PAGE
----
United States Senate Select Committee on Intelligence

Senate Select Committee on Intelligence
Select committee

United States Senate
115th Congress
Formed May 19, 1976
Succeeded Church Committee
Chair Richard Burr (Chairman) (R)
Since January 3, 2015
Ranking member Mark Warner (Vice Chairman) (D)
Since January 3, 2017
Seats 15 members
Political parties Majority (8)
Minority (7)
Purpose to "oversee and make continuing studies of the intelligence activities and programs of the United States Government"
Oversight authority United States Intelligence Community
House counterpart House Permanent Select Committee on Intelligence
Meeting place
211 Hart Senate Office Building
Washington, D.C.

    The United States Senate Select Committee on Intelligence (sometimes referred to as the Intelligence Committee or SSCI) is dedicated to overseeing the United States Intelligence Community—the agencies and bureaus of the federal government of the United States who provide information and analysis for leaders of the executive and legislative branches. The Committee was established in 1976 by the 94th Congress.[1]

    The Committee is "select" in that membership is temporary and rotated among members of the chamber.[2] The committee comprises 15 members. Eight of those seats are reserved for one majority and one minority member of each of the following committees: Appropriations, Armed Services, Foreign Relations, and Judiciary.[3] Of the remaining seven, four are members of the majority, and three are members of the minority.[3] In addition, the Majority Leader and Minority Leader are non-voting ex officio members of the committee.[3] Also, the Chairman and Ranking Member of the Committee on Armed Services (if not already a member of the select Committee) are ex officio members.[4]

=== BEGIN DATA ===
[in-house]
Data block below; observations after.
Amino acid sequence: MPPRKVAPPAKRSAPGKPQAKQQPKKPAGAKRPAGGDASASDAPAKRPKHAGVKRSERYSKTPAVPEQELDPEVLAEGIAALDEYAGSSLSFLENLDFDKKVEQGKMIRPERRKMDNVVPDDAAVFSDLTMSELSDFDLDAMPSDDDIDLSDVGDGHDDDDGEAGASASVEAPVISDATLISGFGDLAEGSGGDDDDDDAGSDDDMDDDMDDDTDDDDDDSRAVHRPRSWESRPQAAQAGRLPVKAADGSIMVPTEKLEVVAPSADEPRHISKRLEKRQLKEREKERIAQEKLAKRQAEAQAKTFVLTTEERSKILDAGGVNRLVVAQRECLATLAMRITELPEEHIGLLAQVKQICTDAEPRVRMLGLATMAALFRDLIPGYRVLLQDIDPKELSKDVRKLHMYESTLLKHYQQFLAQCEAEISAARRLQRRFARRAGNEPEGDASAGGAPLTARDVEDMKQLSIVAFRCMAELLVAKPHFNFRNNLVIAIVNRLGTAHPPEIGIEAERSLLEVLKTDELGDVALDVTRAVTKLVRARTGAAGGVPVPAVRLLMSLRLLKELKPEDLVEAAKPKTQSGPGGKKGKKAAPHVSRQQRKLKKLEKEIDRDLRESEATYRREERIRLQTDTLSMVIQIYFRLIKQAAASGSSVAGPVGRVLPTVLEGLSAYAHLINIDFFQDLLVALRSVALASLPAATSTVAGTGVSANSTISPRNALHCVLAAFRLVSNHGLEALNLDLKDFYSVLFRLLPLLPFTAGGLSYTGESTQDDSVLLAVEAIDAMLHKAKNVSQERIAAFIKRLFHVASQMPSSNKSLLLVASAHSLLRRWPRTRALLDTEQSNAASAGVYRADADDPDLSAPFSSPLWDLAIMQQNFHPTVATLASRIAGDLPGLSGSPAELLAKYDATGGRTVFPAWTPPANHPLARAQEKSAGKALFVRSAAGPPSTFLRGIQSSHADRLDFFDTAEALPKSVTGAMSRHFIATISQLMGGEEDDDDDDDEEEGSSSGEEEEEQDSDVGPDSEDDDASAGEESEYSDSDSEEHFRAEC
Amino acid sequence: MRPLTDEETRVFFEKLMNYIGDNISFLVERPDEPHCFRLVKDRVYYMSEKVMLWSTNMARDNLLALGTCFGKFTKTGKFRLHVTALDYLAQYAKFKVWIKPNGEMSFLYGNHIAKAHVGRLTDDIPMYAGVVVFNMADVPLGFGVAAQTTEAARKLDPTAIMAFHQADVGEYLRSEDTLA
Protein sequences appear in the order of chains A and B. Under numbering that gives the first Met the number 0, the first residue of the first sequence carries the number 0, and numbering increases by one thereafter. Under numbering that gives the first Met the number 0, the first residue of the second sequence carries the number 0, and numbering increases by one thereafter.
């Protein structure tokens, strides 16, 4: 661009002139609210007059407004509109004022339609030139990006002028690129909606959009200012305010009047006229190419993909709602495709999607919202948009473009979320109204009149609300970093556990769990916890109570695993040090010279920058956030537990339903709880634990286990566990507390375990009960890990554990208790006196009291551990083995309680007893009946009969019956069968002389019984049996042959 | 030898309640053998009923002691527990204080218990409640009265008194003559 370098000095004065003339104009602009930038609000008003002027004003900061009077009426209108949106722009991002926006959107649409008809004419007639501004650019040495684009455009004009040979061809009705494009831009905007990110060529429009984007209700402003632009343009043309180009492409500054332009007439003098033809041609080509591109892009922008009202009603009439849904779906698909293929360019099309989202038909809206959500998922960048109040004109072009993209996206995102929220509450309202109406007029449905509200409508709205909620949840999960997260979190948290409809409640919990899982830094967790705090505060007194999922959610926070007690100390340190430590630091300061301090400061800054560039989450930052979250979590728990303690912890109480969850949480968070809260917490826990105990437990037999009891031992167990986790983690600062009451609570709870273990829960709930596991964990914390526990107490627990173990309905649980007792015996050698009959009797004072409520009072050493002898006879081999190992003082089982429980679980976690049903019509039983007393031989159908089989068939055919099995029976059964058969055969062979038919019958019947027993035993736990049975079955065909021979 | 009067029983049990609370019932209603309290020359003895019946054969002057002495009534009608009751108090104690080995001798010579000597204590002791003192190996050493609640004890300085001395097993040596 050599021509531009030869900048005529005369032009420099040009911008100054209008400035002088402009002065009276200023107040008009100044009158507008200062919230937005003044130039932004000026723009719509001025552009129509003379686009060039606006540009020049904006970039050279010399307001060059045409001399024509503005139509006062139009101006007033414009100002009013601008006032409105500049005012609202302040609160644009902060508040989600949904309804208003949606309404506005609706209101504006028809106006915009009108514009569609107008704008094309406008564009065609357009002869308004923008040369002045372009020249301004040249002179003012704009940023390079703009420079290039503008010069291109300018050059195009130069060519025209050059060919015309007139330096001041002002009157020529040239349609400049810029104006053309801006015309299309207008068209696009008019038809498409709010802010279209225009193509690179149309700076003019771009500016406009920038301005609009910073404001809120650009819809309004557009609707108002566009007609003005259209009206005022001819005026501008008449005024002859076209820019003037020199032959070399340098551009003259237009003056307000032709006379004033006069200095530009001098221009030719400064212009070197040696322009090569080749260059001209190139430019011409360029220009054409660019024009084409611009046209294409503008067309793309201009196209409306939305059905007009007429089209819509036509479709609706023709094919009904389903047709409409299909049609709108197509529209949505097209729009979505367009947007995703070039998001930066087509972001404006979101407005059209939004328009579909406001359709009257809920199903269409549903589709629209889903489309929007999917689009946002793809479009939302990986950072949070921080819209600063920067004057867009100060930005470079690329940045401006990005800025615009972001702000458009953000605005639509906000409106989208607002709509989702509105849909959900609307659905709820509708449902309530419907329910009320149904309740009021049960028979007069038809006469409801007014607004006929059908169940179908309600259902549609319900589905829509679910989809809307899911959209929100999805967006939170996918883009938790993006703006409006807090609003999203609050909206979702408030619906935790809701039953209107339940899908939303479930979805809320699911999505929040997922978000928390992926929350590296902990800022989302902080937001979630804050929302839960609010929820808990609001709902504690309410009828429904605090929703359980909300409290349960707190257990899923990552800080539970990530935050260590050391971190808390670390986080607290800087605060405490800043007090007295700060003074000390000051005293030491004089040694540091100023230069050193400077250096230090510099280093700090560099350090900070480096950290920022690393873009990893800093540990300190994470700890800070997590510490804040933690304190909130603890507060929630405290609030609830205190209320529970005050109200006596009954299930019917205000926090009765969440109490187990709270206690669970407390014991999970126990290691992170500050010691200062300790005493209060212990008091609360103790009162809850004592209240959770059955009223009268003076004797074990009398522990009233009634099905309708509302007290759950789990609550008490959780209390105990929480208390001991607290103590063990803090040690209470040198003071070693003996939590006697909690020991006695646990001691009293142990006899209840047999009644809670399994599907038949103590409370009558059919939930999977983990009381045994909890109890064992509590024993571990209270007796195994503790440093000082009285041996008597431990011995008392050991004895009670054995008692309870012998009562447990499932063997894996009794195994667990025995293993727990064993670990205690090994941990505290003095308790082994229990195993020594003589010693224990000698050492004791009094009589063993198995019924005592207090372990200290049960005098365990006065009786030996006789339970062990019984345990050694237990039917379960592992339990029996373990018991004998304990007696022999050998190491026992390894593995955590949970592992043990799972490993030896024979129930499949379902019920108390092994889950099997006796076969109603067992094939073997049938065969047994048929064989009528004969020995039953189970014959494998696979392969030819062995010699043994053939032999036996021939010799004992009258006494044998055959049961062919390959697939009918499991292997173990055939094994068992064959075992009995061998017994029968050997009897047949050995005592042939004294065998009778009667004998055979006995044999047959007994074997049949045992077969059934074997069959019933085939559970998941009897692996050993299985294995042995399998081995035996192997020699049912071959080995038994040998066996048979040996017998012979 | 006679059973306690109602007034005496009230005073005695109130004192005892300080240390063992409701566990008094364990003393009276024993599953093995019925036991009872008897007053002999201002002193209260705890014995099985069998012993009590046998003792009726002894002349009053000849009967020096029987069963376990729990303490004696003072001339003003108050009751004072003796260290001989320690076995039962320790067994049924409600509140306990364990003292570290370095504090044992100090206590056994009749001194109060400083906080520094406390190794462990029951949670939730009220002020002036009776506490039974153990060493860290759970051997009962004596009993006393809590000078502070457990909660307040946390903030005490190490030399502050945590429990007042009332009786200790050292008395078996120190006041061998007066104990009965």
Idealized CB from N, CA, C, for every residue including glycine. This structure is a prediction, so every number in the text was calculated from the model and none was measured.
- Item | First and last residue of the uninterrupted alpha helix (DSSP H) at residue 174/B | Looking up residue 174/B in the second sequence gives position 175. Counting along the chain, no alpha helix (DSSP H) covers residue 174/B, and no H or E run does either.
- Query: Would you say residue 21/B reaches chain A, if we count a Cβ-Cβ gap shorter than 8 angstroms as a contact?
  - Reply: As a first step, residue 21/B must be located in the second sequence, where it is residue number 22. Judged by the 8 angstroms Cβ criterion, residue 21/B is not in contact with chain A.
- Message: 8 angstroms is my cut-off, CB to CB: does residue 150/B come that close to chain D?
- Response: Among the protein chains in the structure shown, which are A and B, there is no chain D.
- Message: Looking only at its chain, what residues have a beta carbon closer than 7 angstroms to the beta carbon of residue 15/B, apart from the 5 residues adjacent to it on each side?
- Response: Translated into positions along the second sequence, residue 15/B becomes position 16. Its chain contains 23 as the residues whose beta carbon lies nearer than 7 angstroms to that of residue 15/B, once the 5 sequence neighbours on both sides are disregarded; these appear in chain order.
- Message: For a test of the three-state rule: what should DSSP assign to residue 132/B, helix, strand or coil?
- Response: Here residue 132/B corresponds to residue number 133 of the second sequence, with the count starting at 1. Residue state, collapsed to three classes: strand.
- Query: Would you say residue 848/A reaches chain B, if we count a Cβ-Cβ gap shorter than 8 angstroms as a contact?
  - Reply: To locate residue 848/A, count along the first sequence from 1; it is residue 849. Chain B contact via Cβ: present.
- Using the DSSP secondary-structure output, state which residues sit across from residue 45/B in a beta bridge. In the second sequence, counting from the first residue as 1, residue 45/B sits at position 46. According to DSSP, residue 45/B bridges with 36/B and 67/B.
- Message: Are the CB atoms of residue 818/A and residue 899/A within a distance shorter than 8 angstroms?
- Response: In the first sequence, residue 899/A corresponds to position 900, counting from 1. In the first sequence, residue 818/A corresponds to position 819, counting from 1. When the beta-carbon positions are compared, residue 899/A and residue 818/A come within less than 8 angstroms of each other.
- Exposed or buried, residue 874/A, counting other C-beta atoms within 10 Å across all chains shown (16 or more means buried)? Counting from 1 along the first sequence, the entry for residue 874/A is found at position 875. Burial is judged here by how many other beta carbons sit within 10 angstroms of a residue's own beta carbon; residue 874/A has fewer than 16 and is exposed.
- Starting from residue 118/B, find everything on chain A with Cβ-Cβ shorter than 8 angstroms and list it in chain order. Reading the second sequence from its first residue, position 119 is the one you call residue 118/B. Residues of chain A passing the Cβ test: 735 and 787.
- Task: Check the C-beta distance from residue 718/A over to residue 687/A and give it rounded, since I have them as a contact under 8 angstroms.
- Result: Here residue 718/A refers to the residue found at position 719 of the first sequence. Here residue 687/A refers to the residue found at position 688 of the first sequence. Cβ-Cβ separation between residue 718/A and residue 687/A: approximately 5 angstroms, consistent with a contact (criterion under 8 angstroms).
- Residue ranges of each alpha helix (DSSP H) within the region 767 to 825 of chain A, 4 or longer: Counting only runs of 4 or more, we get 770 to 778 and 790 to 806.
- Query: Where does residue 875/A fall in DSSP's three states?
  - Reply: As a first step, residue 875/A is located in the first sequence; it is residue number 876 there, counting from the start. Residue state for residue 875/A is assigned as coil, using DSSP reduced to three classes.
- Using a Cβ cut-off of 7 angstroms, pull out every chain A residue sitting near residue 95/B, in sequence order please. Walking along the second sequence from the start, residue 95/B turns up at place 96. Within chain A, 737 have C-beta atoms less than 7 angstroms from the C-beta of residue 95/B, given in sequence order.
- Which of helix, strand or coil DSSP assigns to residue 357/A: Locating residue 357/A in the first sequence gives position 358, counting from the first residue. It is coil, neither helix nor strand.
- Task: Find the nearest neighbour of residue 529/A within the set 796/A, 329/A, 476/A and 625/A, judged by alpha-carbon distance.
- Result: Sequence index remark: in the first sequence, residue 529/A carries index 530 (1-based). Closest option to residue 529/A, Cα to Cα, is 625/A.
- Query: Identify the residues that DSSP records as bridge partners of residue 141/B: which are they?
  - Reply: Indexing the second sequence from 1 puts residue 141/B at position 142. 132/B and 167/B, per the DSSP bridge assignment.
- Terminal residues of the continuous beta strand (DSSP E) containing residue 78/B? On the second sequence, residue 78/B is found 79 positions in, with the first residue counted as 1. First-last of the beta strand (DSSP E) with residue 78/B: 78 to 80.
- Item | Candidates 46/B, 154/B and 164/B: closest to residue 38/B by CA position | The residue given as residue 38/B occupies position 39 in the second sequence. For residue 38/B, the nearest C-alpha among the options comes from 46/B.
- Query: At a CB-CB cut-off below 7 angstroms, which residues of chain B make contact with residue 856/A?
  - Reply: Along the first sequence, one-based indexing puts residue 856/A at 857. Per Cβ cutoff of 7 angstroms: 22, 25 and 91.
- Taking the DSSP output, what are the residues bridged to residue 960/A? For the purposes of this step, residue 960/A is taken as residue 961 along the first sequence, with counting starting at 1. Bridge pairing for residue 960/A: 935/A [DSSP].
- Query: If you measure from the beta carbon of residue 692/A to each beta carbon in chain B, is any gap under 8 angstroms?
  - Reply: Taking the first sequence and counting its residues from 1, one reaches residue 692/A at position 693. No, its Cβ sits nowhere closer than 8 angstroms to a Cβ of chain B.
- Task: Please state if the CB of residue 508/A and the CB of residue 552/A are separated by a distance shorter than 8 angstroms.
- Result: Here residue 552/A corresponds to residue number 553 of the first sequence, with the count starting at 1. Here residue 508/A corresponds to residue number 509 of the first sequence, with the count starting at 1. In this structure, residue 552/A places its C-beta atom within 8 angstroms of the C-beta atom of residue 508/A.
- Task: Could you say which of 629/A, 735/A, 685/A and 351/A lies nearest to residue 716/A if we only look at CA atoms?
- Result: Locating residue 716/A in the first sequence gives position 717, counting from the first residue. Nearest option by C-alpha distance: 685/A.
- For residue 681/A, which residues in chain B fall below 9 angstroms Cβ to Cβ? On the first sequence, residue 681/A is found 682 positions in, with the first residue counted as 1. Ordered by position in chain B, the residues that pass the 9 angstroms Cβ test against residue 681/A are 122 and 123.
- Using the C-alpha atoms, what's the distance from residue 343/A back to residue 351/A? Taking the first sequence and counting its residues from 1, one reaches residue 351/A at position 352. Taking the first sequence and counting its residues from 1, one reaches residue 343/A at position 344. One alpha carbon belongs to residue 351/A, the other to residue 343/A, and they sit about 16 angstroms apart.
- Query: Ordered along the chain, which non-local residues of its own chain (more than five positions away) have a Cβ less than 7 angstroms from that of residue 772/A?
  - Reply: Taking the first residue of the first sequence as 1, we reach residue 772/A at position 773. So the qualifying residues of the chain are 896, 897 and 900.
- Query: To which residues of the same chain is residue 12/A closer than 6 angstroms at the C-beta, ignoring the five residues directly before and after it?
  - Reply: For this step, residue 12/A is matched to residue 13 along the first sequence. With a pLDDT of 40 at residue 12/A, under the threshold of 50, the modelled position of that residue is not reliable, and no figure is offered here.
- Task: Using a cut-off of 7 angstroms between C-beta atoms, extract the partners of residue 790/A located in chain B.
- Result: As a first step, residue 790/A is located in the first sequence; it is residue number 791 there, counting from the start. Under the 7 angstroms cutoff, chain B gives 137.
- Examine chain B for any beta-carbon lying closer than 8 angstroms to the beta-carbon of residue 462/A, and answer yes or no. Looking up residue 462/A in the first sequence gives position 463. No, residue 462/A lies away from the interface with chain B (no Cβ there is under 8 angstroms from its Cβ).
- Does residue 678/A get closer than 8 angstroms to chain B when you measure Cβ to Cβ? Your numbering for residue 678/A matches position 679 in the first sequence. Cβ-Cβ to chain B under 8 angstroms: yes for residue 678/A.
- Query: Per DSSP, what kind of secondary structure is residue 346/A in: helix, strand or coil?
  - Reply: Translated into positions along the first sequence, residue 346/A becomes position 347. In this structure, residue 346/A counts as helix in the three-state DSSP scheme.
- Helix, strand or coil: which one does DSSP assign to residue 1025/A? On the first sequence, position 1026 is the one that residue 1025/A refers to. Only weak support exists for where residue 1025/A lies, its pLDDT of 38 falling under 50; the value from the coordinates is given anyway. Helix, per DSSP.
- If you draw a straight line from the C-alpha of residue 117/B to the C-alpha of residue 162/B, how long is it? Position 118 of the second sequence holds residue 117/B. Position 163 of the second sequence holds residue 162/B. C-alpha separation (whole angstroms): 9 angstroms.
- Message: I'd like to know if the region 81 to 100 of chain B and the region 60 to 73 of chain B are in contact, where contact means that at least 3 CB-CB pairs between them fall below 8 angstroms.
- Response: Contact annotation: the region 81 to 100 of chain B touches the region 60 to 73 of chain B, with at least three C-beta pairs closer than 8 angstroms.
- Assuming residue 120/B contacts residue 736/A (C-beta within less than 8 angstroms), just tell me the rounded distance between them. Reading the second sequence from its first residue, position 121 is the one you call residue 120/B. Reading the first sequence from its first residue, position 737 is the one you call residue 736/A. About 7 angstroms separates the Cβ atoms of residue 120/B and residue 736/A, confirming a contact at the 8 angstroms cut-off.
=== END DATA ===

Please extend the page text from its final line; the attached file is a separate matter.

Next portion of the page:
As part of its oversight responsibilities, the Committee performs an annual review of the intelligence budget submitted by the president and prepares legislation authorizing appropriations for the various civilian and military agencies and departments comprising the intelligence community. These entities include the Office of the Director of National Intelligence, Central Intelligence Agency, Defense Intelligence Agency, National Security Agency, National Geospatial-Intelligence Agency, National Reconnaissance Office, as well as the intelligence-related components of Department of State, Federal Bureau of Investigation, Department of the Treasury, and Department of Energy.

    The Committee makes recommendations to the Senate Armed Services Committee on authorizations for the intelligence-related components of the U.S. Army, U.S. Navy, U.S. Air Force, and U.S. Marine Corps. The Committee also conducts periodic investigations, audits, and inspections of intelligence activities and programs.


    The Select Committee on Intelligence was preceded by the Church Committee (1975). Senator Daniel K. Inouye (D-Hawaii) became the first chairman of the committee when it was established until 1979.[5]

    Former Director of Central Intelligence George Tenet was staff director of the committee when David Boren of Oklahoma was its chairman. The committee was the center of much controversy and contention during the run-up to the war in Iraq in 2002 and 2003, when chairmanship of the committee changed hands following the November 2002 election. Among the committee staff members at that time were: Pete Dorn, Professional Staff Member; Jim Hensler, Deputy Staff Director; Vicki Divoll, General Counsel; Steven Cash, Professional Staff Member & Counsel; and Alfred Cumming, Minority Staff Director.

    On July 9, 2004, the committee issued the Report of the Select Committee on Intelligence on the U.S. Intelligence Community's Prewar Intelligence Assessments on Iraq, and on June 5, 2008, it issued a long-delayed portion of its "phase two" investigative report, which compared the prewar public statements made by top Bush administration officials to justify the invasion with the intelligence information that was available to them at that time.[6]